Discover more from Faith, Hope & Jazz
A peculiar greeting
What’s the deal with “brothers” in Colossians 1:1-2. I grew up in the “Brethren” and this gives me the heebie jeebies.
Paul, an apostle of Christ Jesus by the will of God, and Timothy our brother,To God’s holy people in Colosse, the faithful brothers and sisters in Christ:Grace and peace to you from God our Father.
What’s in a greeting?
Turns out a lot, when you spend some time with it. And I’ve spent a lot of time in Colossians over the years, as both a theological student and pastor/preacher, which is why I’m dipping back into it now for this first article under Burning Belly: The text is fire. Each Monday my intention is to exegete a section of the text, followed by some reflection on it within a cultural context on Wednesdays, and a more personal, relational extension of those thoughts on Fridays.
Colossians was the book we used in college back in the early 2000s to learn how to do structural analysis of the text, an approach to biblical study developed by Johannes Louw and Eugene Nida (more commonly known as South African Discourse Analysis) and adapted for our uses by the Rev Dr Andre van Oudtshoorn. Structural analysis, examples of which I’ll show below, slows down your reading of the text; it helps define the main idea of a portion of the surface text from its colour, so that you can discern the semantics of the text; it helps you spot rhetorical devices that a quicker reading of the text might miss, from poetic structures inherent in Hebrew poetry (such as inclusios and chiasms) through to rhetorical devices such as repetition, echoes, parallels and so on. Spotting these rhetorical devices can provide big clues about the text’s meaning or an author’s intention.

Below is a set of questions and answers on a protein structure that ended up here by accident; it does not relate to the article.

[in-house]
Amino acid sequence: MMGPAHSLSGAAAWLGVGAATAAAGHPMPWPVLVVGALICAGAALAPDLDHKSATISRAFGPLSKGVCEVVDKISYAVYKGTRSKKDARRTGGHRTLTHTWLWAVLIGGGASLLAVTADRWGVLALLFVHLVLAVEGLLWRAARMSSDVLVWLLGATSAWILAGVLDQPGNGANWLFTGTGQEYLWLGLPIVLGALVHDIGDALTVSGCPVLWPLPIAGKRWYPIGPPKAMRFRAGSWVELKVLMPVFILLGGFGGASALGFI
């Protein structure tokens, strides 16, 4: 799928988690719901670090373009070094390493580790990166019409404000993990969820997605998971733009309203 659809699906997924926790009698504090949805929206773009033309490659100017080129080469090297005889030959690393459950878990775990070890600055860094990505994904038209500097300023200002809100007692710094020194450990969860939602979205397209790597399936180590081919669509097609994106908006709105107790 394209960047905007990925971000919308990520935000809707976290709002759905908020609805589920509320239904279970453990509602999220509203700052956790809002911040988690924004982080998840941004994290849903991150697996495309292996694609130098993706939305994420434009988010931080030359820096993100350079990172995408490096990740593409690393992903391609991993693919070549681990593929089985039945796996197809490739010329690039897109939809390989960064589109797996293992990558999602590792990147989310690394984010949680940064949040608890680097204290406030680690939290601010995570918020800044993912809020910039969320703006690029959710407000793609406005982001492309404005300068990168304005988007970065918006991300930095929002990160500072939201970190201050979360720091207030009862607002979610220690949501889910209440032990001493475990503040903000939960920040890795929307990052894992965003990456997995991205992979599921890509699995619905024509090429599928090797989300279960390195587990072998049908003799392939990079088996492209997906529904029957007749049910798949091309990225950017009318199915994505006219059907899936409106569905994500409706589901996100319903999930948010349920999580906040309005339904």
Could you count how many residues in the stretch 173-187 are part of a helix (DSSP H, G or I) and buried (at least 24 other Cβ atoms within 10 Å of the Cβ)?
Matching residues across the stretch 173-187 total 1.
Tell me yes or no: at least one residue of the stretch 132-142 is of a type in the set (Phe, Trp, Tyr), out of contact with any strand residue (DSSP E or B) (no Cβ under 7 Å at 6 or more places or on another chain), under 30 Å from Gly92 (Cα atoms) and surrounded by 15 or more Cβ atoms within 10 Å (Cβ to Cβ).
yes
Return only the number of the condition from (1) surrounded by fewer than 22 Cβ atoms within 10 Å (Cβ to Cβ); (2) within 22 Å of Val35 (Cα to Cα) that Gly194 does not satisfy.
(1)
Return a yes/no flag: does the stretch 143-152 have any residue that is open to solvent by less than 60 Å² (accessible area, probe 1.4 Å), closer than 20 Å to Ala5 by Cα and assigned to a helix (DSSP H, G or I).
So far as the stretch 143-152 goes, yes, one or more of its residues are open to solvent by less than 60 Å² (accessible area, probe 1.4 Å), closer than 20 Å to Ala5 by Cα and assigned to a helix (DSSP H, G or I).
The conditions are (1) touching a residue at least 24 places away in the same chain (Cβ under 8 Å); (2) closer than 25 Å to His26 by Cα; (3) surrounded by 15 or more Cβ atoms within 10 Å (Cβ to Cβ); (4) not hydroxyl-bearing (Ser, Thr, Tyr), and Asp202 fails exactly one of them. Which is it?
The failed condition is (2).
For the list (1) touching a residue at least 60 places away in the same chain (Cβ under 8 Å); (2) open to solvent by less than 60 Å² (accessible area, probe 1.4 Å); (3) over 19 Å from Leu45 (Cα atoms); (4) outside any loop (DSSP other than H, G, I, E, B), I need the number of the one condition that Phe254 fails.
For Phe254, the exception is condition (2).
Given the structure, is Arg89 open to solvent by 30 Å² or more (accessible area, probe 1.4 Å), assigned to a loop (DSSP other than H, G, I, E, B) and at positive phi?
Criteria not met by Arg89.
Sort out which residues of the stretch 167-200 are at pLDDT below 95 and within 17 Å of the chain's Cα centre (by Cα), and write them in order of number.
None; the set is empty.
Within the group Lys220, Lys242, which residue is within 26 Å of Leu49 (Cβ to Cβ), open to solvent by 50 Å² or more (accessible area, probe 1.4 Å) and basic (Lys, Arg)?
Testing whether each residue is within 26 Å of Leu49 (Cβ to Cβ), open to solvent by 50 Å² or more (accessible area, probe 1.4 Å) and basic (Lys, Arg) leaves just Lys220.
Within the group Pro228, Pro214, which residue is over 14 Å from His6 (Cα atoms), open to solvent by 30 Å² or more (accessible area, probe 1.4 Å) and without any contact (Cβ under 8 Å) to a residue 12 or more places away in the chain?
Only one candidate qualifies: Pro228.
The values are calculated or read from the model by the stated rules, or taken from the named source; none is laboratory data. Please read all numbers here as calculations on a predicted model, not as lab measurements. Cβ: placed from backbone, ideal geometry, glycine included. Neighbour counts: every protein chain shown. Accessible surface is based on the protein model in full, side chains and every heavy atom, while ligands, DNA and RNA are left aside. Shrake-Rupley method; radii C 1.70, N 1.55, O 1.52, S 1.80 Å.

Author’s intention — this is a big subject, which I won’t get into here (although the impact in philosophy and literary criticism of debates over author’s intention and whether we can ever know it, or even if it’s helpful to know it at all, will influence some of what I write about the text). All I’ll say here is that in my experience using structural analysis on a range of New Testament and Old Testament books, because it leans so heavily on rhetorical analysis (identifying the intentional rhetorical devices and structures within a text) it favours the pursuit of what was in the author’s mind in terms of a communication act behind two parties, which is what most of the New Testament is — letters from one apostle or another to members of churches. This isn’t the same issue as debates over the historical authorship of a letter like Colossians. There are valid questions about whether Paul or someone else wrote Colossians, but I find such debates as part of an introduction a little mind-numbing (because they’re out of context). The text of Colossians itself raises doubts about a Pauline authorship, and it’s in this context that I would prefer to think about it.